A well-considered team approach effectively supports students with high learning needs. Progress is considered in relation to collaboratively developed expected learning outcomes. Parents, teachers and external agency personnel assist to identify potential next steps for these learners.

3 Curriculum

How effectively does this school’s curriculum promote and support student learning?

The curriculum effectively promotes and supports learning for most students.

There is a deliberate approach to developing coherent and consistent systems for planning and learning. A focus on literacy, mathematics and science is evident, but students successfully access knowledge and understanding across all The New Zealand Curriculum (NZC) learning areas.

Curriculum guidelines continue to be developed to support effective teaching and learning across the extended school. Shared expectations for students to lead their own learning are in place. Ongoing curriculum development should include:

  • support for effective transition through the levels of the curriculum
  • response to the diverse culture, language and identity of students.

Teachers know individual students well. They are aware of their aspirations and supportive of their wellbeing. Students participate and learn in respectful and well-resourced learning spaces. Those observed by ERO were purposefully engaged, self-managing and able to talk about their learning and next steps.

Students are well supported to be digitally literate and use a range of e-learning tools. Staff capability continues to be built to allow effective use of information and communication technology (ICT). This is seen as important to promote the school priorities of strengthening student ownership and parent/ whānau involvement in learning.

Parents and whanau are well informed about student achievement and next steps to support their children’s learning. They are welcomed and involved in school activities and decision-making. Consultation with, and close links to the community, impact on curriculum decisions and support improvement of students’ learning.

Inclusive practice by leaders and teachers supports students and their families to participate in the school. The building of positive relationships is prioritised. Teachers and leaders should continue to extend reciprocal relationships that support learning, particularly for targeted students.

Curriculum and resourcing is in place or being developed to provide for secondary aged students as they move through the year levels. A curriculum planner indicates that an appropriate range of subjects will be available in the senior school by 2018. Some specialist classes are provided by other schools and allow access to all learning areas of the NZC. Students are involved in a range of learning programmes that enable their individual strengths, interests and aspirations to be promoted.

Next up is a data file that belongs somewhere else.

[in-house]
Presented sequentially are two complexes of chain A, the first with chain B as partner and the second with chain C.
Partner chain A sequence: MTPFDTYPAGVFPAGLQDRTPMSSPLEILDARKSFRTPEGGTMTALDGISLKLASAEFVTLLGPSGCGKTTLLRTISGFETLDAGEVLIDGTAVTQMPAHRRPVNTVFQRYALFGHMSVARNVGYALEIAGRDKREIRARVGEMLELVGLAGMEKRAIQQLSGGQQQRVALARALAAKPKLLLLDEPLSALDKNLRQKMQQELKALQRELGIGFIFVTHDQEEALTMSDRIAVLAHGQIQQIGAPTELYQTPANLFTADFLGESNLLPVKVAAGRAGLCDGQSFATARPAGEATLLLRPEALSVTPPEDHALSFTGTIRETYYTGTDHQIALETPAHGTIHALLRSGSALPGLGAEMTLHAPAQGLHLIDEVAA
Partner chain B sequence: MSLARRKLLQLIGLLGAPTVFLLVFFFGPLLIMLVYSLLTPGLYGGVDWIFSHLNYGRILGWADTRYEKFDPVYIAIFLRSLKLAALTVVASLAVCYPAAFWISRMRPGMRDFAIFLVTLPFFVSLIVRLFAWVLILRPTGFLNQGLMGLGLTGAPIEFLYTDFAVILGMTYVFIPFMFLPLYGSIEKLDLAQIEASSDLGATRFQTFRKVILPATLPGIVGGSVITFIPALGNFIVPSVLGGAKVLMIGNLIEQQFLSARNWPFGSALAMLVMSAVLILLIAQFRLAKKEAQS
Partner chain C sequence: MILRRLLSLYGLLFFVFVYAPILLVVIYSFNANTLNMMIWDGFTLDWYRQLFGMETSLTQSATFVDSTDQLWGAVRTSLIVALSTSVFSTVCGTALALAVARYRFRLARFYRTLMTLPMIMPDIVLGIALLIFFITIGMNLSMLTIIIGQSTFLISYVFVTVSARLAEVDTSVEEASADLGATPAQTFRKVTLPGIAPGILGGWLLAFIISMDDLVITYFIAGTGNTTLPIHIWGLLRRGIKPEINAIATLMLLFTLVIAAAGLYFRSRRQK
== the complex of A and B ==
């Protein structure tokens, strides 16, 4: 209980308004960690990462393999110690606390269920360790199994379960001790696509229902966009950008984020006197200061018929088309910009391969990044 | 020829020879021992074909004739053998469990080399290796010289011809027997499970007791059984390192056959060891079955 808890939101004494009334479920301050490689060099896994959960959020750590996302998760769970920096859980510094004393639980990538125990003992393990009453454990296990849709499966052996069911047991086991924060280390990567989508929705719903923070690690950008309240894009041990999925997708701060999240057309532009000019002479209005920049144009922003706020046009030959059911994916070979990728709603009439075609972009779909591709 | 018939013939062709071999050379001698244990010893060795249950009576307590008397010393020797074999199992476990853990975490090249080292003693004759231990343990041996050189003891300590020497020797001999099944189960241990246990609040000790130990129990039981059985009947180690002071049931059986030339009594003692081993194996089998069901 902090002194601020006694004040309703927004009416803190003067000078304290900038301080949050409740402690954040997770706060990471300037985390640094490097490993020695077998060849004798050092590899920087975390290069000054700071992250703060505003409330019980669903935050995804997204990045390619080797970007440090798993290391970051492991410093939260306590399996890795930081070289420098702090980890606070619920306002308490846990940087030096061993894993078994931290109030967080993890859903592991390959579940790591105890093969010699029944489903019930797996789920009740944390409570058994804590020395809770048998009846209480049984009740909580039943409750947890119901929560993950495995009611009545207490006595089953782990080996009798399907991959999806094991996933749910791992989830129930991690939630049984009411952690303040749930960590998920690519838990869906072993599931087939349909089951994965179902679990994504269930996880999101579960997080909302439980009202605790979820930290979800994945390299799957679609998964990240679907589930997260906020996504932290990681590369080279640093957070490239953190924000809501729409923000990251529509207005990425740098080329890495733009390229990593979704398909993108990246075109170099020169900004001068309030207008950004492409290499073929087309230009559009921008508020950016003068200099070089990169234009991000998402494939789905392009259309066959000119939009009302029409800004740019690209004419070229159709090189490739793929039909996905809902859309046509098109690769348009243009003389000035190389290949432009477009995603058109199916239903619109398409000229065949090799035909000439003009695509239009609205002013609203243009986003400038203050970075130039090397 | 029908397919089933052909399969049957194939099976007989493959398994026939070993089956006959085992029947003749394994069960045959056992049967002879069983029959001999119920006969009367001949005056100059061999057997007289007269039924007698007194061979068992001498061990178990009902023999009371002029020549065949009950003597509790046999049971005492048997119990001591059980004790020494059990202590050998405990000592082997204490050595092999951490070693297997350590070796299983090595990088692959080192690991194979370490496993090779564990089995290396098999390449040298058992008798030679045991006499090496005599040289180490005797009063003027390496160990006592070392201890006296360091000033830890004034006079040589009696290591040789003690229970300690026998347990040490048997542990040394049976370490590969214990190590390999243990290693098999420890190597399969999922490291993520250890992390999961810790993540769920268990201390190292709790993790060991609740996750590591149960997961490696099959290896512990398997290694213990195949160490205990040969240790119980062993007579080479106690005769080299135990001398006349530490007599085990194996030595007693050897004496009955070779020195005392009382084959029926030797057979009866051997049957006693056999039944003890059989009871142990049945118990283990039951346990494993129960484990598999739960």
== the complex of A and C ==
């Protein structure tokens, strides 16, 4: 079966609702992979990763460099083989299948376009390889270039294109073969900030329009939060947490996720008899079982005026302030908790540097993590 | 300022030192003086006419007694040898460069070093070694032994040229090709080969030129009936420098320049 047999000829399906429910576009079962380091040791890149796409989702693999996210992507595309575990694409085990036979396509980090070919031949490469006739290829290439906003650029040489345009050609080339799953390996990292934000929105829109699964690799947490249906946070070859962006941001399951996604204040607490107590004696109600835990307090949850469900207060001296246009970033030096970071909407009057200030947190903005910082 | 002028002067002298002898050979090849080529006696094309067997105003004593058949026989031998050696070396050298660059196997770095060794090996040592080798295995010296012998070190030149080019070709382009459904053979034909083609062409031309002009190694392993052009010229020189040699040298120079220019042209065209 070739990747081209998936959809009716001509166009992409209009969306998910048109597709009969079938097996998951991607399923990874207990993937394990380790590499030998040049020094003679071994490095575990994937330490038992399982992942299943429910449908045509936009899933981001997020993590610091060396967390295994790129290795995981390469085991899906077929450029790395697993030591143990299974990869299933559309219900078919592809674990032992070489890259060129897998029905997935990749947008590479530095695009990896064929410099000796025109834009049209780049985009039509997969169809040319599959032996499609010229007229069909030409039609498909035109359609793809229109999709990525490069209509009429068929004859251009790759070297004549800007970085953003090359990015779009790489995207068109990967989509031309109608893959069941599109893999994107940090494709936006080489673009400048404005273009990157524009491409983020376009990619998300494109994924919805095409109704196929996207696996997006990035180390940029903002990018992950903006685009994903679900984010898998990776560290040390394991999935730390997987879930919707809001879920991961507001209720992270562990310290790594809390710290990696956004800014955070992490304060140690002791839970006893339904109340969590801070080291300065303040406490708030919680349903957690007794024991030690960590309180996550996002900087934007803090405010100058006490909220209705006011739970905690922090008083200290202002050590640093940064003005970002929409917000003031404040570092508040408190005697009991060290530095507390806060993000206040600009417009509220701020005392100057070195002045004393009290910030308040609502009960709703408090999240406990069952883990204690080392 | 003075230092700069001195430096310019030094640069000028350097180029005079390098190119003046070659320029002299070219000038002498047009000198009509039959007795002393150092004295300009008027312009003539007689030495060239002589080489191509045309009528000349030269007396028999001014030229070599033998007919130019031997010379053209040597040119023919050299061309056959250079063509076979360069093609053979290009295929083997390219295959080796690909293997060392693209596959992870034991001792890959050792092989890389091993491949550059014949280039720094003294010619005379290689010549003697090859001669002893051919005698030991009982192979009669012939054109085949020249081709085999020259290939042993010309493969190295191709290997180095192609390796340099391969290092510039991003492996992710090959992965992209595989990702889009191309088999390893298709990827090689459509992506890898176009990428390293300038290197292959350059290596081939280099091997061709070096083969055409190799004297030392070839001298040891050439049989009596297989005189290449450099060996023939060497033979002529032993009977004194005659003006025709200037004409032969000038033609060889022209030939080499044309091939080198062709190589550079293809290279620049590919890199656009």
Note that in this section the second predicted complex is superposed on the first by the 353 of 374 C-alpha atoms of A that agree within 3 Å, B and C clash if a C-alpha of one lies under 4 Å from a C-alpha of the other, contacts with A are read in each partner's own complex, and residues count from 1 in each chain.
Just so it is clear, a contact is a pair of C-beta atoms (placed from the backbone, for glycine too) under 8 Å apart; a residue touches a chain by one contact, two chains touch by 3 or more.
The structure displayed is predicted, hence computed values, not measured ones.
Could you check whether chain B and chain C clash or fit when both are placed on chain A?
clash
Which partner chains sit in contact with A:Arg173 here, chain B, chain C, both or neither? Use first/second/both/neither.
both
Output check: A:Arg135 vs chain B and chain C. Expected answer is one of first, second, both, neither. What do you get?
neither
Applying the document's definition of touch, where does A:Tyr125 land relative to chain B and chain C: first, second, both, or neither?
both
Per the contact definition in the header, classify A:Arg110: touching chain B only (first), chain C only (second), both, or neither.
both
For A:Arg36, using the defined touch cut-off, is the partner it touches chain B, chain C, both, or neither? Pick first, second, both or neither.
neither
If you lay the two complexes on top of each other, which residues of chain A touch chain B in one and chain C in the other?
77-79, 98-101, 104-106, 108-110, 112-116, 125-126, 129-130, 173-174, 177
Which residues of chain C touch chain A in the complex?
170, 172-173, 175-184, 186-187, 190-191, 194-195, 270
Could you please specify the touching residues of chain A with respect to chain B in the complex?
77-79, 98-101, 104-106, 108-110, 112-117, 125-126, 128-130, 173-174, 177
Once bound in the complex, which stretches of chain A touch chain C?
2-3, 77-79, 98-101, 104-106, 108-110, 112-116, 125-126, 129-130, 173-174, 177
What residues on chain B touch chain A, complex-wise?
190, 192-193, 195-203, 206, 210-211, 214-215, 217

A strong link to vocational pathways is developing as students approach the senior secondary level. Parents are supported to participate in considering possible future education and training opportunities for their children.

Systems are in place to support students’ wellbeing needs and the provision of careers information as they move through the school. In Years 9 to 11 the homeroom teacher has a pivotal role in pastoral care and monitoring academic progress. The systematic collection of student feedback in relation to the effectiveness of wellbeing support should be a next step.

How effectively does the school promote educational success for Māori, as Māori?

Since the 2012 ERO review, trustees and teachers have strengthened their knowledge of practices to promote Māori success as Māori. This process has been assisted by developing relationships with local marae and the use of expertise within the school.

Aspects of te ao Māori are included in the curriculum and support Māori learners’ sense of belonging. School-wide practices reflect whanaungatanga and manaakitanga. Consultation with whānau has contributed to strengthening the way school programmes reflect New Zealand’s bicultural heritage.

Current initiatives and consultation should continue to be extended to further promote Māori students’ success. Collaborative development of an improvement plan with whānau should be a useful contributor to this goal.

4 Sustainable Performance

How well placed is the school to sustain and improve its performance?

The school is well placed to sustain and improve its performance through:

  • a shared vision
  • effective governance and leadership
  • teachers’ focus on positive outcomes for students
  • established processes for conducting and using internal evaluation.

The board is committed to providing high quality education for all students that reflects both the NZC and Christian character. Trustees work with the school community to regularly review the school’s vision and values. The direction for the extended school is clearly reflected in the school charter.

Since the previous ERO review, trustees have reviewed their practices and adopted a more strategic model. Trustees are well informed about student achievement and the implementation of strategic priorities. They are future focused and take a considered approach to responding to change. Continuing improvement to trustee effectiveness is supported through ongoing training.

The principal, in association with staff and trustees, is successfully leading change. Leaders collaboratively develop and enact the school’s vision, values and goals. Effective leadership builds successful participation and collaboration at every level of the school community.